I came of age during a time of protests, so the current tension our nation is facing, while upsetting, isn’t new. Our news sources weren’t as constant and immediate as they are now, but we heard enough to know change was needed. It’s hard to believe that was 50 years ago and so little has changed.

When I was 16, I got a lesson in how to enact change in my little world.

The late 1960s and early 1970s, when I was a teenager, were the days of mini-skirts and wide, bell-bottomed pants, neither of which we could wear to school.

The litmus test for the length of our skirts was to kneel down on the school floor at the base of the staircase. If your skirt wasn’t below the top edge of that first step, you got sent home to change clothes.


Oh, we high school girls had our methods of circumventing the rules. If made to kneel (this sounds SO archaic now), we’d pull in our (mostly nonexistent) tummies and push our skirt down as far as we possibly could to pass the step test. The alternative was to wear a longer skirt to school and roll up the waistband as much as we dared. If questioned, all we had to do was unroll and kneel – test passed.

Getting back to the bell-bottomed pants – we weren’t allowed to wear those to school at all. Even to basketball games after school, it was skirts and dresses only.

Keep in mind, it was the 1960s. We were used to seeing riots on the nightly news. People complaining – loudly – about all sorts of injustice. And so, too, did my high school friends and I complain about having to wear skirts and dresses to school. Every. Single. Day.

Not only did I complain with my friends, I also complained at home. Having to wear dresses every day was stupid! What was wrong with wearing bell-bottoms? They covered a lot more than a mini-skirt. The rule was dumb! Senseless! Then my dad spoke words I will never forget. “If you don’t like it, do something to change it.”

He didn’t suggest a student walkout. He didn’t suggest a protest. He advised a logical, methodical and professional way to go about it. He proposed I gather my classmates and write a petition to allow girls to wear slacks to school. Once that was done, we should go door-to-door and gather signatures. And then, take our petition and plea to the school board.

Gulp. That was the moment I learned complaining is easier than doing. But, “do” I did. I wrote a one-paragraph summary of what we hoped to accomplish, typed it onto mimeograph paper, drew lines with a ruler for signatures, and made copies in the basement of the school. I can still smell that pungent ink – the smell of tests, pop quizzes, and now, a plan of action.

A half-dozen classmates volunteered to canvass the town – guys and gals. We divided the streets amongst us and knocked on doors all through town. Not one person refused to sign our proposal. In the end, we had close to 600 signatures.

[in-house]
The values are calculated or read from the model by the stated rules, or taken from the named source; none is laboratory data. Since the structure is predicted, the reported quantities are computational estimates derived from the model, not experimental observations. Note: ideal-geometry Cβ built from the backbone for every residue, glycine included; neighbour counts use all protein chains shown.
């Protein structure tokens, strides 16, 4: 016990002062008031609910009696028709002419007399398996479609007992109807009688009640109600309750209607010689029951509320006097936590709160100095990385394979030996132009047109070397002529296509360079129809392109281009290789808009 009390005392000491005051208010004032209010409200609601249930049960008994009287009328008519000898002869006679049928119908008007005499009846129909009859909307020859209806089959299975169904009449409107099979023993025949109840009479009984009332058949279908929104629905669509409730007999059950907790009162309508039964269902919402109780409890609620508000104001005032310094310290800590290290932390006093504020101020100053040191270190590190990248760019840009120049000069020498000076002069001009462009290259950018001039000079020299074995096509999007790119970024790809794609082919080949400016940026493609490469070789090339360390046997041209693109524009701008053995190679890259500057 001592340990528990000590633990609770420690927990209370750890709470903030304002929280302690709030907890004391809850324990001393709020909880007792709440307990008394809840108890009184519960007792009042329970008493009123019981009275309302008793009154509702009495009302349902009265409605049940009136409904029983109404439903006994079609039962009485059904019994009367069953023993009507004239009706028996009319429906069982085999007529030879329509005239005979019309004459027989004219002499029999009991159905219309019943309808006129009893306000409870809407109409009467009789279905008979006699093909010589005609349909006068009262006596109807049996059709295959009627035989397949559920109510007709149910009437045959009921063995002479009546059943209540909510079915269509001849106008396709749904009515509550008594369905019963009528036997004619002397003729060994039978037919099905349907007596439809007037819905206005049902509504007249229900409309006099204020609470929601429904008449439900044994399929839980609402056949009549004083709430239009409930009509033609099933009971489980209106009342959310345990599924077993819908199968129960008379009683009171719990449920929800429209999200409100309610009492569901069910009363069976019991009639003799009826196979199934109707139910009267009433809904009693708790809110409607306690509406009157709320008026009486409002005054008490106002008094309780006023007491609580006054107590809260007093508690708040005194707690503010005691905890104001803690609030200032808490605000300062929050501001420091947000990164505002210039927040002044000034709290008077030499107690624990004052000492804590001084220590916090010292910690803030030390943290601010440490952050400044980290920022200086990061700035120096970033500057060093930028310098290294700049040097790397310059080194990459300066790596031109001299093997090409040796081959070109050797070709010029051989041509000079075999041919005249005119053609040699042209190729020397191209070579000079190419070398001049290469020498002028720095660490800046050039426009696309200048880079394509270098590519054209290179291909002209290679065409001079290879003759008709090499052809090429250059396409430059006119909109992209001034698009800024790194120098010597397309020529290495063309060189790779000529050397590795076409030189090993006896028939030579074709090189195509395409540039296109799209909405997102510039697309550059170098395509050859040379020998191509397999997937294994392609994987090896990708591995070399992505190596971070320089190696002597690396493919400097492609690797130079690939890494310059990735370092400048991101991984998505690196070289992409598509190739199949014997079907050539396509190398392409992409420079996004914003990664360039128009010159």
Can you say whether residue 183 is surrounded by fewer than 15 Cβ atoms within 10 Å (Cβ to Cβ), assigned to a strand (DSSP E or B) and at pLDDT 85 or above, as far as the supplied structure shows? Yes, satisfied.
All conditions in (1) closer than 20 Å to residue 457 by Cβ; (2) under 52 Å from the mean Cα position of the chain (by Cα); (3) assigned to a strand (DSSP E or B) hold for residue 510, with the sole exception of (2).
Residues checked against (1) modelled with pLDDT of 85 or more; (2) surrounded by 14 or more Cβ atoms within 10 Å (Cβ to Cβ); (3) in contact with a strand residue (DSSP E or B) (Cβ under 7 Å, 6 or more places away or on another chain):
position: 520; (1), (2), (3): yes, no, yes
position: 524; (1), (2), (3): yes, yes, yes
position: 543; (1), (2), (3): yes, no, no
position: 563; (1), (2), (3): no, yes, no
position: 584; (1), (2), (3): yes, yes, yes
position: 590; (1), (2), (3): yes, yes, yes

One hurdle was jumped, but the highest one was before us: presenting the petitions to the school board. My heart was pounding as a handful of us walked into that room. The board, all men, seemed to stare right through us. As far as I knew, this was the first time students had led an initiative to get a rule changed. As the innovator of this plan, it was up to me to make our case. I opened my mouth and only a whisper came out. I was petrified. My voice quavered as if I might cry, but I went on. Another classmate spoke up with more confidence than me.

We turned over the bulky pages of signatures to the board, proof that the people of our community were on our side. And then we were done, except for the verdict. What we’d done hadn’t been easy. It had taken planning, cooperation, coordination and tons of time. We nervously waited and then we were told the vote was “yes!” Our efforts had done it! (I wore bell-bottoms to school the next day!)

And that is when I learned my valuable lesson. Complaining brings attention to an issue, but then you either quit your bellyaching (as my dad used to say), or you DO something to change the situation.

It’s hard to find the right thing to do anywhere, but especially from rural North Dakota. What can I do? To start, some of the women in my family have started a “Best Family Book Club.” Our plan is to read about and discuss societal issues facing us. We range in age from 30-something to 66 (moi). We come from all spectrums of beliefs, both spiritual and political. Our goal is to find ways to build bridges, and to gain understanding and insight into differing viewpoints. We may not change the world, or even many minds, but maybe what we discover can help change hearts. And changing hearts can lead to much bigger changes than an outdated school policy. Let’s hope this time the protests turn into positive action to bring about lasting change.

What will you do?

Roxanne (Roxy) Henke lives, reads and discusses issues from her home in rural North Dakota. You can contact her at roxannehenke@gmail.com.